But I can’t find the queen 🙁
All the artificial swarm methods outlined above involve finding the queen and manually moving her (on her frame) to a new box .
What happens if you cannot find the queen?
Typically, colonies that are making swarm preparations are strong colonies. Finding an unmarked queen in a 40 litre box containing perhaps 25-30,000 bees is not straightforward. Even if the queen is marked it can be tricky.
Pagden’s artificial swarm with an undetectable queen
I failed to find a marked queen in a very strong colony on Tuesday.
I did find charged queen cells and lots of eggs (and a huge number of workers) so I was sure the colony had not swarmed.
Under these conditions you can still perform an artificial swarm albeit with one minor modification.
I’ve described the process in detail in Swarm control and elusive queens. Essentially you do a Pagden artificial swarm but you ensure that the new box on the original site is provisioned with a frame or two of eggs and young larvae but (as usual and importantly) no queen cells.
The flying bees return to the new box, the rest remain (with the queen cells) in the moved box.
The queen is more likely to be in the moved box (since you only removed one or two frames), but the depletion of flying bees should mean they tear down the queen cells and don’t swarm. The eggs and young larvae you provided in the new box are used to rear a new queen.
Alternatively, if the (undetectable) queen was moved to the new box it’s exactly the same as doing a Pagden artificial swarm.
I’m almost certain my undetectable queen remained in the moved box as the returning workers were less enthusiastic to enter the new box on the original site.
I’ll find out next week 🙂 .
In theory you could do this vertically but, with four supers and an already wobbly hive stand, it would be tempting fate.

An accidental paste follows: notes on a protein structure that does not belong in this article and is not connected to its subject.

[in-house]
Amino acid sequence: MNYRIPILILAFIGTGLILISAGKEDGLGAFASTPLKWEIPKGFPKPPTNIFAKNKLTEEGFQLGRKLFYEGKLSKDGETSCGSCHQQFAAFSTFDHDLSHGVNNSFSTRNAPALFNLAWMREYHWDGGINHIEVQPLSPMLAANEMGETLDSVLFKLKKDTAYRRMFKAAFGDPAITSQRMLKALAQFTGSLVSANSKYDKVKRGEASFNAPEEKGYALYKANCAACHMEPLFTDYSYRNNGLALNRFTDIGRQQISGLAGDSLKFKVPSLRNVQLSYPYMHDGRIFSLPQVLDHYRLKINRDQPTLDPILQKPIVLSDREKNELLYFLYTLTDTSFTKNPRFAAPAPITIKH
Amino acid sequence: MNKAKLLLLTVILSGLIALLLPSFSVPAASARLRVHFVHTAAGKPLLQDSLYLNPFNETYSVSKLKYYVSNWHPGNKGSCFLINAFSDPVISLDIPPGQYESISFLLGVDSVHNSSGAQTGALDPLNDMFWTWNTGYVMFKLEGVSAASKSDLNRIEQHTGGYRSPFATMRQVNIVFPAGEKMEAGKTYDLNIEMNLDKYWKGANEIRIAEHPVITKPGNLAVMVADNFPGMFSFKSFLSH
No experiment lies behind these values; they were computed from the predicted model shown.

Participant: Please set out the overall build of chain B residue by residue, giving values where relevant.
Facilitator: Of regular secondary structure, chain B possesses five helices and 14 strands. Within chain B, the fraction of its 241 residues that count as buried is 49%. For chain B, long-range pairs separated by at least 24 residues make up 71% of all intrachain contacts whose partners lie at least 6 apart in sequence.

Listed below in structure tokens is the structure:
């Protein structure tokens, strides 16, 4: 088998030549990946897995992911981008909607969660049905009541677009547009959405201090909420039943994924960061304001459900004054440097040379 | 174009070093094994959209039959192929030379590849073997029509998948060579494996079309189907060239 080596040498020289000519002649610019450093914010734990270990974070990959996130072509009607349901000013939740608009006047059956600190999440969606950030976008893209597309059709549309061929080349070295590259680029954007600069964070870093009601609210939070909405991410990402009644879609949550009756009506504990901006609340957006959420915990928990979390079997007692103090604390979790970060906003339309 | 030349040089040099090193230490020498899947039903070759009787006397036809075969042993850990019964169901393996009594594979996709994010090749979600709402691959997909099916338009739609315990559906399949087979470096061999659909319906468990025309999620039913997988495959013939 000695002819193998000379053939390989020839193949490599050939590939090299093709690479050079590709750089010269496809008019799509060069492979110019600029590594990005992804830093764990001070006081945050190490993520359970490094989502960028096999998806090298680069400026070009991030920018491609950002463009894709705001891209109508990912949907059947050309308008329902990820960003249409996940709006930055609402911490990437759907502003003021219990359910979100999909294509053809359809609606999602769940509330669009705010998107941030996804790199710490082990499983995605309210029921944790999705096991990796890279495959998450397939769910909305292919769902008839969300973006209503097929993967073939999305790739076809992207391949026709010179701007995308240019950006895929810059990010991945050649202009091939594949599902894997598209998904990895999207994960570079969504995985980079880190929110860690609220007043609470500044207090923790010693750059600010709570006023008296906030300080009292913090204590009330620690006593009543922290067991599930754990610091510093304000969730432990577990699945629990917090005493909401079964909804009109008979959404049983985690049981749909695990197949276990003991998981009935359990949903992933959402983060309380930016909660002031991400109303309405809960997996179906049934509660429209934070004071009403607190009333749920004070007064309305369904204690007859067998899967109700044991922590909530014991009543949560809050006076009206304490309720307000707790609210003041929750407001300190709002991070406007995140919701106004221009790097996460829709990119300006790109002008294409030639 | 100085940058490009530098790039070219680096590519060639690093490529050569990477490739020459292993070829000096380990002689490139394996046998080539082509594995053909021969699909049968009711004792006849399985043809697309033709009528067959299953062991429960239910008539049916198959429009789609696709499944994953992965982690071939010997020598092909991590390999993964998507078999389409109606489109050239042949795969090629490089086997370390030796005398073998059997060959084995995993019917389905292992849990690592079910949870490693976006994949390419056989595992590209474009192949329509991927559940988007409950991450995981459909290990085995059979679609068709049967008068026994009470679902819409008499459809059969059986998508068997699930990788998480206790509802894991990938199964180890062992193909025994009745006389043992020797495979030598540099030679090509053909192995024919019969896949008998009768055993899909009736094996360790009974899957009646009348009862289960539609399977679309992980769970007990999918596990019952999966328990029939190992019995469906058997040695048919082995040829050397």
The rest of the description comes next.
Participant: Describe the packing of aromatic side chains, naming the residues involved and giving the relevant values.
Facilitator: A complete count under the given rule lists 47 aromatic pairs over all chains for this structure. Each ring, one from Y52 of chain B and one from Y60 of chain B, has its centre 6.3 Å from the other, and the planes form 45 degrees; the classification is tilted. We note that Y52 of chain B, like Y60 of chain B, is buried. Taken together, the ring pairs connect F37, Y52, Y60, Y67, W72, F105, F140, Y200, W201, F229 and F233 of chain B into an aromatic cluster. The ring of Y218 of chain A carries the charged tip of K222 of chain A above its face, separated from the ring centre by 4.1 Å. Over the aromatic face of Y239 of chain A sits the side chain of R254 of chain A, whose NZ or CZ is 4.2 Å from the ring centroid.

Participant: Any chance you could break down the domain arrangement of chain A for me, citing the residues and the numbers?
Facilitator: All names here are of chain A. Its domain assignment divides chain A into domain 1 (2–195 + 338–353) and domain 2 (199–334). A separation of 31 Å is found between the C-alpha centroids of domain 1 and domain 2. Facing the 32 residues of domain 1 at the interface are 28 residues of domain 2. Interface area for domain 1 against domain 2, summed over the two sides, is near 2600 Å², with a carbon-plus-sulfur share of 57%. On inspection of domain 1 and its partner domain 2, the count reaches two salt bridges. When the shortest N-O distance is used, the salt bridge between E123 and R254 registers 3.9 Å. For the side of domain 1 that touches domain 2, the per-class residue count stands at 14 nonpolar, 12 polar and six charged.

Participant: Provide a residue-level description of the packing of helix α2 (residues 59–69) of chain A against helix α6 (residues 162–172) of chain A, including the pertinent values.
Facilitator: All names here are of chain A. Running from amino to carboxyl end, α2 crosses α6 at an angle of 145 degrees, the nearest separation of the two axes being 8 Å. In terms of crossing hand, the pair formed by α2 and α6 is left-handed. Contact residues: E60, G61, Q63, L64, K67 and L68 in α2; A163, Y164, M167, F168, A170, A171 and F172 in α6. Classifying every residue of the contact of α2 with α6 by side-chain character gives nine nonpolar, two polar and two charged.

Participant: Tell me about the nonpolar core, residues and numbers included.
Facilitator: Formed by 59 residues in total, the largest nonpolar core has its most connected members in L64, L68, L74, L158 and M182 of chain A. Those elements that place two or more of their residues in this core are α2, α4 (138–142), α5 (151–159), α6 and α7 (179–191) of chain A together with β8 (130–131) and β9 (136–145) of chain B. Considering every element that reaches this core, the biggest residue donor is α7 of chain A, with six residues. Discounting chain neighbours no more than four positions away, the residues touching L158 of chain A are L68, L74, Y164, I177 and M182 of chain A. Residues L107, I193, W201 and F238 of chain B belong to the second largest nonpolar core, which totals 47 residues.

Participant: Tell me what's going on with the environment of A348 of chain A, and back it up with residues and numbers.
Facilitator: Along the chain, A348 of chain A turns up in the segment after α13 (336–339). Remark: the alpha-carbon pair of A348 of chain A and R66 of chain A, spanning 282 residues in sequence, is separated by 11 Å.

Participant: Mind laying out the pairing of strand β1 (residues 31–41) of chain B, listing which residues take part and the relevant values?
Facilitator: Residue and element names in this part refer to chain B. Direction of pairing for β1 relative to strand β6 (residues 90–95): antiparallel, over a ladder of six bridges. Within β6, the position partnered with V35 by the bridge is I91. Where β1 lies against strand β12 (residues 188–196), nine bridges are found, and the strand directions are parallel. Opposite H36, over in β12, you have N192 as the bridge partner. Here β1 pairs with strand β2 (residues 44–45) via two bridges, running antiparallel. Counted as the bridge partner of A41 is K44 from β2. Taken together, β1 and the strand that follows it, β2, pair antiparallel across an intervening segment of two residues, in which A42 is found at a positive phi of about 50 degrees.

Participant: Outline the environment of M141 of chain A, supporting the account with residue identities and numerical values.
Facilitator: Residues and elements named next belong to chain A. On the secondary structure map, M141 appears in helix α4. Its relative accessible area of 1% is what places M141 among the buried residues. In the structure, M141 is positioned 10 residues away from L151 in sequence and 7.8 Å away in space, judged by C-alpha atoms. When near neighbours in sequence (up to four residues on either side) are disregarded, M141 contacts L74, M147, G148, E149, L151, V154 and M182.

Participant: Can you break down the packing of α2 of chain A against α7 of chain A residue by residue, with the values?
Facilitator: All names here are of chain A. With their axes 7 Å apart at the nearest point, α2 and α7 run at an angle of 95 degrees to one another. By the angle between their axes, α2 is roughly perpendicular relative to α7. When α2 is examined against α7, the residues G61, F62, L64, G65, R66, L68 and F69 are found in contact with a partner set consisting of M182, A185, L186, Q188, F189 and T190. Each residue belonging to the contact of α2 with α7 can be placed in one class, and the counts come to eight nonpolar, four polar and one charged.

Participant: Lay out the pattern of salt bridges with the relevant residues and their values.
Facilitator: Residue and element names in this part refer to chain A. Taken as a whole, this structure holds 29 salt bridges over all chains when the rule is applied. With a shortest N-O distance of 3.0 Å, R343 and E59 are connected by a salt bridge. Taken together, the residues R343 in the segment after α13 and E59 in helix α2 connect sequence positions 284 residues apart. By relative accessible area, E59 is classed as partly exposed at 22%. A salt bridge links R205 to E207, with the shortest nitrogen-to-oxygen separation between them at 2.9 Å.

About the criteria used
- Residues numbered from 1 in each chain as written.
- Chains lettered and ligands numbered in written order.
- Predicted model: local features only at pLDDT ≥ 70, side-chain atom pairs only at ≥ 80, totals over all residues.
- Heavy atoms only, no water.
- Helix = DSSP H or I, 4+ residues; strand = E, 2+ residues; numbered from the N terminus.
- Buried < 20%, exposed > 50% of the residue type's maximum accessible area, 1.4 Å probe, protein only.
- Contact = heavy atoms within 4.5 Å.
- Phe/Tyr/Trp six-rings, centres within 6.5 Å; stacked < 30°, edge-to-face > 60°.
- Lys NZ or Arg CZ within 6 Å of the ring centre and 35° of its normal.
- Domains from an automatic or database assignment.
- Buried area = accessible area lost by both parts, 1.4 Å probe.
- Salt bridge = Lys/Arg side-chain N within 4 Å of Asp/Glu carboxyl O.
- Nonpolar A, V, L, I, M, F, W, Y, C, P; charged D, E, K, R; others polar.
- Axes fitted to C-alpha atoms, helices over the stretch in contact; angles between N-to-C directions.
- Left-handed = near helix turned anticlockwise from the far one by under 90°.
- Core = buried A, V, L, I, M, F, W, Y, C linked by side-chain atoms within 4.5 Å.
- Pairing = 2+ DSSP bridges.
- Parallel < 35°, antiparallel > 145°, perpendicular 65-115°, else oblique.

Swarm control is not rocket science
Regular inspections at an appropriate frequency, coupled with prompt and decisive action should you find queen cells, are all that are needed to control swarming.
The inspection cycle is determined by the time takes a new queen to develop. That is invariant. Since you cannot influence it your only choice is whether to inspect every 7 or 10 days, depending whether you clip the queen or not. This frequency may appear onerous but is only needed during the period colonies are likely to swarm. By late June I’m usually inspecting every fortnight or so.
The swarm control method you employ is based upon very simple principles. Understand these and all of the ‘new box on the left, rotate the entrance, stand on one leg and align frames with ley lines’ instructions should make sense.
If you understand the principles you will be able to arrange the boxes correctly even if you cannot remember the precise order of the instructions from your training … does the new box go on the left or right? Which leg? What’s a ley line?
Four final ‘top tips’ :
- knocking back queen cells is not swarm control. They will swarm as you will miss a cell, or they’ll subsequently ‘swarm early’ on an open cell. Don’t … just don’t.
- and related to the above … do not knock back any queen cells until you know whether the colony is queenright or if there are eggs and young larvae present from which a new queen could be reared. This is a classic mistake and can leave the colony in a terminal state only recoverable by purchasing a new queen or scrounging a frame of eggs from another hive (or beekeeper).
- learn one method of swarm control so that it invariantly works for you. By all means then try something new. You need a method you have confidence in when you detect queen cells.
- don’t mix and match parts of different swarm control methods. It might work … but it might not 🙁 .
These are important.
How do I know?
I’ve ignored them all at one time or another in the past and suffered the consequences 😉 .
The Oxford English Dictionary defines rocket science (in the context I’ve used it) as …
“colloquial something requiring a high level of intelligence or expertise; frequently in negative constructions, implying that something is relatively simple”.
… but then, disappointingly, fail to provide a citation. The association between rocket scientists and intelligence probably dates back to the early 1950’s when German rocket scientists worked in the USA (and Russia). When Eisenhower asked “How did the Russians get there first?”, referring to the launch of Sputnik, he was supposedly told “Their Germans are better than our Germans”. However, it probably took another 30 years before the negative construct “It’s not rocket science” was used, in the context of American football.
“Coaching football is not rocket science and it’s not brain surgery. It’s a game, nothing more.”
Interestingly, “It’s not brain surgery” appears to have first been used in the 1970’s. Just to be completely clear … swarm control is not brain surgery either 😉 .